When an individual is terminated from a position “for stated reasons likely to make him all but unemployable in the future, by marking him as one who lost his job because of dishonesty or other job-related moral turpitude,” due process must be provided. Lawson v. Sheriff of Tippecanoe County, 725 F.2d 1136, 1139 (7th Cir.1984). A government employee's liberty interests are implicated where in terminating the employee the government “make[s] any charge against him that might seriously damage his standing and associations in the community” or “impose[s] on him a stigma or other disability that foreclose[s] his freedom to take advantage of other employment opportunities.” Bd. of Regents v. Roth, 408 U.S. 564, 573, 92 S.Ct. 2701, 33 L.Ed.2d 548 (1972).
In order to prevail on a liberty interest claim, a plaintiff must show “that (1) he was stigmatized by the defendant's conduct, (2) the stigmatizing information was publically disclosed, and (3) he suffered a tangible loss of other employment opportunities as a result of public disclosure.” Townsend v. Vallas, 256 F.3d 661, 669-70 (7th Cir.2001) (citations omitted). A plaintiff must demonstrate that a named defendant was the individual who made the disclosure; a “res ipsa loquitur [-]like approach, while perhaps sufficient to establish that someone ․ published the information, does not sufficiently establish that the someone was [a named Defendant].” McMath v. City of Gary, 976 F.2d 1026, 1031 (7th Cir.1992) (emphasis in original). Further, the specific stigmatizing statements must be made public; statements made to employees within a department are not considered public dissemination. Id. at 1035-36.
In finding that Covell could not prevail on his liberty interest claims, the district court reasoned that Covell failed to demonstrate that any of the Defendants disclosed the stigmatizing information. The district court concluded that the Defendants cannot be liable under 42 U.S.C. § 1983 for actions of others, even if the other individuals who disseminated the stigmatizing information were affiliated in some way with the Commission and the Defendants.
In his appeal, Covell maintains that “[a] constitutional violation under the Due Process Clause with respect to a liberty interest claim is not the dissemination of information, but instead the failure to provide a name clearing hearing.” Appellant's Br. at 29. Citing Mitchell v. Glover, 996 F.2d 164 (7th Cir.1993), and Ratliff v. Milwaukee, 795 F.2d 612 (7th Cir.1986), Covell contends that if the dissemination was by the government, but not necessarily by one of the Defendants, his liberty interest was implicated because the government employer needs only to have a role in disclosing the information. Accordingly, Covell asserts that because the release and dissemination of the stigmatizing information had to originate from either a named Defendant or a Commission employee, a reasonable trier of fact could conclude that the Defendants set in motion the dissemination of information, which would be sufficient to set forth a cognizable claim.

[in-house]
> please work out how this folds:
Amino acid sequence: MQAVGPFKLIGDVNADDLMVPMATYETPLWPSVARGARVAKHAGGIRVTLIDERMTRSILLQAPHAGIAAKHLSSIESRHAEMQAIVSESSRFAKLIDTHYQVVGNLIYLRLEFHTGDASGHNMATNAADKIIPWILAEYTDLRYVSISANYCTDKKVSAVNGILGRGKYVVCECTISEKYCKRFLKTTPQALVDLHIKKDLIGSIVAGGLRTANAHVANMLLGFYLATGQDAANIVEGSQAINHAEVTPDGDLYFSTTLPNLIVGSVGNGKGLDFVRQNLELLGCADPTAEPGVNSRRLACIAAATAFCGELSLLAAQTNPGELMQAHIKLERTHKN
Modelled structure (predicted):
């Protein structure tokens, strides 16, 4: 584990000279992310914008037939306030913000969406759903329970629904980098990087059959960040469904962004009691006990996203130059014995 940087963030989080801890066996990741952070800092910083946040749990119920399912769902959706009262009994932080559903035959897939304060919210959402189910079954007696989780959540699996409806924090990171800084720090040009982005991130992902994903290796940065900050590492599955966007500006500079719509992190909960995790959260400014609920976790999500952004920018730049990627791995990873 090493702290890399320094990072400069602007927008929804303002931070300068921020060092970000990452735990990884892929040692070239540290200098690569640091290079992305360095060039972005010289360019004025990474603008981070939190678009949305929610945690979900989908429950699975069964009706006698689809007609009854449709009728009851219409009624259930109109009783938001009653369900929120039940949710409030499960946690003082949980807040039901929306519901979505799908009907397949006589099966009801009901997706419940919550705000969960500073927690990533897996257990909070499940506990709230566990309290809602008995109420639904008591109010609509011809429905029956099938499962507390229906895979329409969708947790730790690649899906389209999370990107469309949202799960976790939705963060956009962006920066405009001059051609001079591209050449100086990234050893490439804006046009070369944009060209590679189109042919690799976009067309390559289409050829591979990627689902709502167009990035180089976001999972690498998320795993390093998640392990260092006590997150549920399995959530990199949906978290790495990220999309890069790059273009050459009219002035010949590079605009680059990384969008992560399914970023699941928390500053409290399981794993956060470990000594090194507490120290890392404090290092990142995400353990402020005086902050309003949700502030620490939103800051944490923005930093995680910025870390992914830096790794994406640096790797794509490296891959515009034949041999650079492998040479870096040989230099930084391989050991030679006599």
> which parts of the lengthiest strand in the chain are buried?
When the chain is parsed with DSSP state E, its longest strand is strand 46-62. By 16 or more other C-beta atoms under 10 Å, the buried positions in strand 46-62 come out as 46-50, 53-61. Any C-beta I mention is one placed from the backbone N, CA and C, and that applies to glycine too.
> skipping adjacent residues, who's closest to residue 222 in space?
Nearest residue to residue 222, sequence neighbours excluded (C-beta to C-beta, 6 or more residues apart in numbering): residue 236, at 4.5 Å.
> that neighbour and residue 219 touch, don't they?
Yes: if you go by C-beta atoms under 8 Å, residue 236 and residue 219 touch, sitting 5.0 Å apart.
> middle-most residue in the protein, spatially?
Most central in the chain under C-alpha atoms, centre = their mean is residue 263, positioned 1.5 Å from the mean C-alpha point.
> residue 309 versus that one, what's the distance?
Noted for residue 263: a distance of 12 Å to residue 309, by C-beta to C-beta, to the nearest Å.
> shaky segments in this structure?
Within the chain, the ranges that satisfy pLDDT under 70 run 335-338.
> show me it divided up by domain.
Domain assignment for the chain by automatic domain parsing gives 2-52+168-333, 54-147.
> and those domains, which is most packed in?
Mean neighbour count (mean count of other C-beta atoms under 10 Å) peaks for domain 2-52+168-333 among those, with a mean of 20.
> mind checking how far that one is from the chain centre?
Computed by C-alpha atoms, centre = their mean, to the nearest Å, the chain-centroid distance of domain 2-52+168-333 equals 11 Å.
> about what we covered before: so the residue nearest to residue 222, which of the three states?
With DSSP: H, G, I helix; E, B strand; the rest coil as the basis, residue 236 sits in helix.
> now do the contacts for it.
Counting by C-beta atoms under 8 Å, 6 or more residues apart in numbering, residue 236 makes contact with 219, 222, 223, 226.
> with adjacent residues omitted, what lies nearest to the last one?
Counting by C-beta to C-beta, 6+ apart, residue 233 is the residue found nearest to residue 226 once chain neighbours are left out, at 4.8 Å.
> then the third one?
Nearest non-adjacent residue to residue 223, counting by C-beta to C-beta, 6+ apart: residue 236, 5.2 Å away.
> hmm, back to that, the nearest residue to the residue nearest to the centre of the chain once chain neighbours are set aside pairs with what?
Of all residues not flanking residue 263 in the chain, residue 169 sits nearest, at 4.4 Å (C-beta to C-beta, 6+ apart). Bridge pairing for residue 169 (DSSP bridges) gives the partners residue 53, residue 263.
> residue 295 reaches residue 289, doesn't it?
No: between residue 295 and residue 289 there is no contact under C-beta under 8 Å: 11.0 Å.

Like the district court, we disagree with Covell's assertion. McMath makes clear that a plaintiff must prove that a defendant disseminated the stigmatizing information to the public. This court cannot find any evidence that any individual Defendant disseminated the stigmatizing information to the public. The district court properly discounted Mitchell and Ratliff, both of which named the employing entity as a defendant and both of which held that the plaintiff failed to establish a liberty interest claim.
On appeal, Covell notes that while the local governmental defendants in Mitchell and Ratliff could be named as defendants, the Commission, as an agency of the state, could not be joined in an action under 42 U.S.C. § 1983. App. Br. at 30. He then cites to Hannon v. Turnage, 892 F.2d 653 (7th Cir.1990), contending that like the case at bar, Hannon did not require as a condition of liability that the individual defendants participated in the dissemination of information. We do not find that Hannon supports Covell's argument, as the Hannon court concluded that there was no liberty interest deprivation. Hannon, 892 F.2d at 660. We further note that even if 42 U.S.C. § 1983 permitted an entity like the Commission to be named in a lawsuit, Covell would still need to establish that a named defendant violated his liberty interests. See McMath (“Furthermore, the City of Gary cannot be held liable on this claim unless [the mayor], an official whose acts constituted official policy of the City of Gary, violated [the plaintiff's] liberty interests.”) We conclude that Covell failed to sufficiently demonstrate that the Defendants' actions deprived him of a liberty interest.
For the reasons stated above, we Affirm the judgment of the district court.
BAUER, Circuit Judge.